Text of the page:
Australia is the largest net exporter of coal in the world. We are responsible for worse air pollution globally. Australian coal will have contributed to the poor air quality seen in India.
But air pollution is also affecting the lives of Australian children and adults. Across NSW and Sydney this week with the bushfires, we see very high levels of air pollution – particularly PM2.5 – PM 10 – which we know cause heart attack and stroke, and respiratory illness.
The current air pollution issues in NSW are a consequence of the extraordinary fires, which are strongly influenced by climate change, which has seen drier conditions than we usually experience.
We know cumulative air pollution exposure causes diseases in ways similar to smoking. Cardiovascular disease, lung disease, reduced quality and quantity of life, attributable to air pollution. A risk all reduced with climate action now.
No doubt the fires have many people wondering about heat over the coming Australian summer.
Australians are tough. We like good summer weather, sunburn, beaches and cricket. As explored in the recent ACT Commission of Sustainability and Environment Report, Heat, Humanity and the Hockey Stick, all of this is compromised by significantly hotter temperatures.
Restrictions on recreational sport have been updated to reflect the safety issues of playing outdoors during very hot summer days.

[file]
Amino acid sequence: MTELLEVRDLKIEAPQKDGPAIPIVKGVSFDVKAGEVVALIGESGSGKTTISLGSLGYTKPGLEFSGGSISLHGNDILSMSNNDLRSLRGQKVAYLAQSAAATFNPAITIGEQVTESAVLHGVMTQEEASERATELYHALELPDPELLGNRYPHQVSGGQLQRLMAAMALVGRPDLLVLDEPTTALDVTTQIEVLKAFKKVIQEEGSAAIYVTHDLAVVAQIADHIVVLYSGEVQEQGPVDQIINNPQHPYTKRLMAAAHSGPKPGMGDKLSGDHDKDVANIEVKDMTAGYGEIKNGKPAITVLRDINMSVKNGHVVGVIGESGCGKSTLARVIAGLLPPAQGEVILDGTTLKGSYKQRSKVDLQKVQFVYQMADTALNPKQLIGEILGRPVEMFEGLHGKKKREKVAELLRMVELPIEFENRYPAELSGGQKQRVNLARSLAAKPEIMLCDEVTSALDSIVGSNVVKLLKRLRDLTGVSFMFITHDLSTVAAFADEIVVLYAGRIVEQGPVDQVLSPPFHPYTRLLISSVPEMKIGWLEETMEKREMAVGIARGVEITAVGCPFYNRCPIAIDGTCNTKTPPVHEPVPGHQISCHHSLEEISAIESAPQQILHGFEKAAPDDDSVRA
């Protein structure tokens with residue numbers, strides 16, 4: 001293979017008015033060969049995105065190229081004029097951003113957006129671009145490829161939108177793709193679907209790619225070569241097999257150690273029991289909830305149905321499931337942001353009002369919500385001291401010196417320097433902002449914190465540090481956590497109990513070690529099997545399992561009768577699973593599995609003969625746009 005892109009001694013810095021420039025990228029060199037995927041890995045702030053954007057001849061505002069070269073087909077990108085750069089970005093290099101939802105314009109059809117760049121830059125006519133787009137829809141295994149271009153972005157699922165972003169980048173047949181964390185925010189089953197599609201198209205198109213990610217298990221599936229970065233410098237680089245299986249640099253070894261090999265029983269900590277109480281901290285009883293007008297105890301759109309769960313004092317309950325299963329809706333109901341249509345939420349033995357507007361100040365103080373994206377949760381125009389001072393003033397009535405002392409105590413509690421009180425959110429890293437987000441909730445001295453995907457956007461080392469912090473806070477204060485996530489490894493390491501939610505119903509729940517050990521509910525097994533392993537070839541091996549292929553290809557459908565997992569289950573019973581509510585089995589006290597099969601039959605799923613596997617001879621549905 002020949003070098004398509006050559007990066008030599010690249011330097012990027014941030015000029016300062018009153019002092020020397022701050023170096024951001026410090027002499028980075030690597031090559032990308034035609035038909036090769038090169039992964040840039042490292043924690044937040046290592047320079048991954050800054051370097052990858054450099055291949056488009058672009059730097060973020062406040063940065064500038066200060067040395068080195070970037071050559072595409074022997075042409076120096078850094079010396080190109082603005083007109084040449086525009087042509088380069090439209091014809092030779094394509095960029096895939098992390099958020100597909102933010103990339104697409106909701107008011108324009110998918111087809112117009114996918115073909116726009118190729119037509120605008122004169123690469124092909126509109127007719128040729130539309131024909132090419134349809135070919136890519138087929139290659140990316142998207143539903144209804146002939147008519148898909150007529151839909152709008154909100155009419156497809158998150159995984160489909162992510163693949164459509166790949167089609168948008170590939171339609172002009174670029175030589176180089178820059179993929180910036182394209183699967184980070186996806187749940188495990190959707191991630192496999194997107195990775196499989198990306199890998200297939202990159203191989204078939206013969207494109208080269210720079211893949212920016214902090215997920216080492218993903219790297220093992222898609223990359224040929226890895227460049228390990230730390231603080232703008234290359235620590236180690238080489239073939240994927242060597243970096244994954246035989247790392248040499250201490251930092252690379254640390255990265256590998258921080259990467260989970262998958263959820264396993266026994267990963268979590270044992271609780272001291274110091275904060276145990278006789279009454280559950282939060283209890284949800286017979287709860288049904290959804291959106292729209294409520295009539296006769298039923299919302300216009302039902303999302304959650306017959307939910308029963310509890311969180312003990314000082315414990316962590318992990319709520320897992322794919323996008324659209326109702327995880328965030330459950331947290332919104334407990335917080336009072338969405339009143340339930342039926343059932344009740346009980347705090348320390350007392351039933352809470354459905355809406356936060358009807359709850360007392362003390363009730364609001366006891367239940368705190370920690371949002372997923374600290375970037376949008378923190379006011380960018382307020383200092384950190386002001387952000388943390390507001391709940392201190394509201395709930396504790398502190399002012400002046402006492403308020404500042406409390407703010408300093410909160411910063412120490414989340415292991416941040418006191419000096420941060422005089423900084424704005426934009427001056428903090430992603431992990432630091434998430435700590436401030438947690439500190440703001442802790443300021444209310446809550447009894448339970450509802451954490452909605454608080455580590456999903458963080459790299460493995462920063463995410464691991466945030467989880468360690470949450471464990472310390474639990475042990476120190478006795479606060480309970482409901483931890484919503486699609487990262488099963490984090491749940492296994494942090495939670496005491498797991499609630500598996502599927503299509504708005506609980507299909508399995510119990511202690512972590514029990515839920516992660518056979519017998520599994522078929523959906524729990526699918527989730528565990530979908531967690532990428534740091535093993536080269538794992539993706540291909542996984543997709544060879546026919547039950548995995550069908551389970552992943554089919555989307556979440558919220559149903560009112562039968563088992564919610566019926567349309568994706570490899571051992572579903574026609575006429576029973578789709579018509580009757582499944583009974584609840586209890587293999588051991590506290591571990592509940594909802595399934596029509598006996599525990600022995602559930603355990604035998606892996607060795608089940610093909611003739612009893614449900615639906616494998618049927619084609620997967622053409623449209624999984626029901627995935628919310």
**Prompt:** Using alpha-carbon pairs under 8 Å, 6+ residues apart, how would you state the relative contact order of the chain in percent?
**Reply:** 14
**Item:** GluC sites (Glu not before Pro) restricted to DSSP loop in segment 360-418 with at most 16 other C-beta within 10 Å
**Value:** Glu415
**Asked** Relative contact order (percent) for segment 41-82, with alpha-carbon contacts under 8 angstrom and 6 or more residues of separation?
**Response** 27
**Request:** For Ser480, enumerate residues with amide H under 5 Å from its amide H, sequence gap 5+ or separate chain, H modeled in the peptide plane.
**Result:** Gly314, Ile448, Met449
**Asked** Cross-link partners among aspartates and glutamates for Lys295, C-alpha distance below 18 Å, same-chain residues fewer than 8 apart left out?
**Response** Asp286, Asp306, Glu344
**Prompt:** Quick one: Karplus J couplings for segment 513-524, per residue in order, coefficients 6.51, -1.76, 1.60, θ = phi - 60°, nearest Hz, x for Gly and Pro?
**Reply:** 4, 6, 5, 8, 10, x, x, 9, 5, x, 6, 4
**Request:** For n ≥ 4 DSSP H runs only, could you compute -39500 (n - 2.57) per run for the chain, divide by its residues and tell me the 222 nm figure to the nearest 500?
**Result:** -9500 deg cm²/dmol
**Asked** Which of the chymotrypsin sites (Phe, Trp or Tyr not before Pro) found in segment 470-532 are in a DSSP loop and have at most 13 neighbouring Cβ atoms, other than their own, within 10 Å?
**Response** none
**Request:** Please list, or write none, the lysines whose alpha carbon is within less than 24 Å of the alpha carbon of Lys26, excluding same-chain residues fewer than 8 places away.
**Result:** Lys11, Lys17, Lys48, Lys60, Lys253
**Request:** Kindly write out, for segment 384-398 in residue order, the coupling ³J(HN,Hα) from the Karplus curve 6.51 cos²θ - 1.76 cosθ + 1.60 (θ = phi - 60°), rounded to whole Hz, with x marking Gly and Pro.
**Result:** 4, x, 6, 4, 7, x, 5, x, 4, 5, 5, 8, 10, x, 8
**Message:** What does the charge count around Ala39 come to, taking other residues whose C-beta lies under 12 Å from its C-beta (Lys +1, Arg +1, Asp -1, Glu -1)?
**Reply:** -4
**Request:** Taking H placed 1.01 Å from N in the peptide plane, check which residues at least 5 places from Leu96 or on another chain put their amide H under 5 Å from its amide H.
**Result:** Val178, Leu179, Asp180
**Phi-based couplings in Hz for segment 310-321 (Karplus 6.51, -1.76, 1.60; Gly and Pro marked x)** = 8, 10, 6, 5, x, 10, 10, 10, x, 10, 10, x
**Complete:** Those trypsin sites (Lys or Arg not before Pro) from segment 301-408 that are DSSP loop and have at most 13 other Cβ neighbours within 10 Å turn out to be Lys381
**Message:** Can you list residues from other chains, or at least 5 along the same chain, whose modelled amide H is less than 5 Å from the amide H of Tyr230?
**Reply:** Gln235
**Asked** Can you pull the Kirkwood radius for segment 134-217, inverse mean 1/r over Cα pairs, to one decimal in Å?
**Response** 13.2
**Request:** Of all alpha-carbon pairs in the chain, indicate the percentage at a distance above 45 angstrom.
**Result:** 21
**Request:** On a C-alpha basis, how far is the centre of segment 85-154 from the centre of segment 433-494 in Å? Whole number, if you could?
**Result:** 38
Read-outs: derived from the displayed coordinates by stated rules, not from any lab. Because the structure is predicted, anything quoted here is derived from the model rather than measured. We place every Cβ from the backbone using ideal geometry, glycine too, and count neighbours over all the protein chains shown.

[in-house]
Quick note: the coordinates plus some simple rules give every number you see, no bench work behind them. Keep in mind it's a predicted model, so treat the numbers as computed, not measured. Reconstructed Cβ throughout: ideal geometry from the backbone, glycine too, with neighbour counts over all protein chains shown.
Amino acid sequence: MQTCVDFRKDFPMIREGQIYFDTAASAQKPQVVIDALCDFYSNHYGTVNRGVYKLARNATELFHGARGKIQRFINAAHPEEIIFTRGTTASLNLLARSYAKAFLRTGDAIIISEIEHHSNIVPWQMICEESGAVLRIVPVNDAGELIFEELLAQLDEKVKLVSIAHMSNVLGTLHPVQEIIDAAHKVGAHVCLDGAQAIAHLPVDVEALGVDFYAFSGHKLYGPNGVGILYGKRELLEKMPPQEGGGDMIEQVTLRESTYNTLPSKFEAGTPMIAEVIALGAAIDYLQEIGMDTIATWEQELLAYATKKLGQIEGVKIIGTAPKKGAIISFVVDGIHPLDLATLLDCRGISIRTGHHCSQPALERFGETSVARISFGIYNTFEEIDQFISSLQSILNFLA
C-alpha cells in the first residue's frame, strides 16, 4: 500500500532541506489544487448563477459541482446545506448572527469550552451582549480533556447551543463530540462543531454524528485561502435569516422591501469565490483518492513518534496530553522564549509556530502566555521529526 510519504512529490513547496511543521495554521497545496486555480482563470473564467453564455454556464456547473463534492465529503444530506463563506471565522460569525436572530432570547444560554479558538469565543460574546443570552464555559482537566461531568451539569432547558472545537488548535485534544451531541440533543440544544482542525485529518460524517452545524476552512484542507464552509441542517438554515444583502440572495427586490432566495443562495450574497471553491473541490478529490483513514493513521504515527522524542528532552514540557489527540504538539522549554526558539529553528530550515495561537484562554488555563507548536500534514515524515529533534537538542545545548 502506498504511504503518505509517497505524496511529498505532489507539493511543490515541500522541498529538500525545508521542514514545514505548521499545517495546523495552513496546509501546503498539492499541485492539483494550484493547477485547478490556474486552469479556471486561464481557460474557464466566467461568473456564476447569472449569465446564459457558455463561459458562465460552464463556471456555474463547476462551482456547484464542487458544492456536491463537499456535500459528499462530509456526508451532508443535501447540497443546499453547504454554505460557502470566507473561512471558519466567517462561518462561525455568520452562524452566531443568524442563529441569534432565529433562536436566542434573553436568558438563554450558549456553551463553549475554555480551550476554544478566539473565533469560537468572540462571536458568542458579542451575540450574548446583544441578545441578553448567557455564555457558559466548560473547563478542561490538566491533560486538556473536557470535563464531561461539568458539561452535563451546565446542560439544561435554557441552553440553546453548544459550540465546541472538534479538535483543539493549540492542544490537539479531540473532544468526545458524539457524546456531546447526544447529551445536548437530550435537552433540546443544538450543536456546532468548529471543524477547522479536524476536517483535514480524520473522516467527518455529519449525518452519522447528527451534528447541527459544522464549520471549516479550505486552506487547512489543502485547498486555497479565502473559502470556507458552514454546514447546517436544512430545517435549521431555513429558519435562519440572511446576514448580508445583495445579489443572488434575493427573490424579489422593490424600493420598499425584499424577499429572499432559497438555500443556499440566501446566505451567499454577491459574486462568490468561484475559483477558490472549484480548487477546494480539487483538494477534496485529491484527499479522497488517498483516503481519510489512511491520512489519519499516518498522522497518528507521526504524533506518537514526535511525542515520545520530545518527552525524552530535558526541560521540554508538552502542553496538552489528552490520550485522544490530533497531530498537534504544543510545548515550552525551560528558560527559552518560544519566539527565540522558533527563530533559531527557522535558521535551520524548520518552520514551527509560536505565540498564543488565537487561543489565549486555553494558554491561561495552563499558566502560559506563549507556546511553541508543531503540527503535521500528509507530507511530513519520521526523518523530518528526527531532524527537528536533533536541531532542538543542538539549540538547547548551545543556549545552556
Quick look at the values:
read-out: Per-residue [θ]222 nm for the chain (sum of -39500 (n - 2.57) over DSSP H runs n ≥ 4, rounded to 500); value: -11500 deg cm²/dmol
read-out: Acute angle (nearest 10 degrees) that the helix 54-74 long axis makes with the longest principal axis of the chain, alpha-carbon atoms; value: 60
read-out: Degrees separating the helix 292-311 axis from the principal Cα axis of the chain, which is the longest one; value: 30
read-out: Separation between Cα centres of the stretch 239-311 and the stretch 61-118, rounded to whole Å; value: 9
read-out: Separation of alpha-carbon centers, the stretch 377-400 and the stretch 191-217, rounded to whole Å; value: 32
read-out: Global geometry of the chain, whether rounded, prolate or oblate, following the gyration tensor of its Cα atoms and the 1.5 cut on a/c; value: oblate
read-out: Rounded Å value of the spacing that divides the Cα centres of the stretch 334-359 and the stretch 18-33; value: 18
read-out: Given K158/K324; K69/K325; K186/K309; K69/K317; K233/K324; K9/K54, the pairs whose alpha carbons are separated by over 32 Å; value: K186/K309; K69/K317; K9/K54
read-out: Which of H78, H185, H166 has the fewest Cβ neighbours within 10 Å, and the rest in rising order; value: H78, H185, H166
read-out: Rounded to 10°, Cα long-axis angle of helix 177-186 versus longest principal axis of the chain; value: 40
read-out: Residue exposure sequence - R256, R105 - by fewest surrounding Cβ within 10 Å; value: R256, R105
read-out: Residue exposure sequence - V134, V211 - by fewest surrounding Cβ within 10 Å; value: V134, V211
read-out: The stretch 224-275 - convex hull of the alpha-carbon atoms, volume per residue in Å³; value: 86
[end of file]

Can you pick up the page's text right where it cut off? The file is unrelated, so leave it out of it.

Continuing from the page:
A child born today may never have the opportunity to play test cricket in summer in Australia because the temperatures will be too high to complete full days play.
More seriously the patterns of exercise that keep many Australians healthy may be seriously compromised by changes to our summer heat and weather patterns.
Heat poses a direct challenge to our health, causing problems like heatstroke, dehydration, kidney and cardiac failure.
But it also affects our activity, our sport, our social engagement. Populations with high temperatures, and limited overnight cooling, are crankier. There is more interpersonal violence. Academic results are affected and productivity decreases.
If this heat is expected for longer and longer periods, the resultant change on our community will be profound.
Calling for imagination
We also understate the tremendous benefits of action.
Transition away from burning fuel for transportation, increasing active transportation, improves the health of communities. Encouraging nutritional transitions toward a diet made with less processing, more vegetables and less meat, improves our weight, our health and our mood.
The Lancet asks us to use our imagination. In the climate debate today, we need more imagination.
We do not need more scientific reports, however valuable and stark.
We don’t need another 10,000 scientists to tell us what we know and can already see.
We need imagination and change to help us to save our generation and those to come.
The need for vision, action and collaboration has never been so great.
Let’s harness the extraordinary opportunity this challenge gives us to create the best possible world for a baby born today.
If you value Croakey’s coverage of climate and health, please consider supporting our Patreon fundraising campaign, so we can provide regular, in-depth coverage of the health impacts of the climate crisis, taking a local, national and global approach. All funds raised will go to a dedicated fund to pay writers and editors to put a sustained focus on the health impacts of climate change. Please help us to produce stories that will inform the health sector, policy makers, communities, families and others about how best to respond to this public health crisis.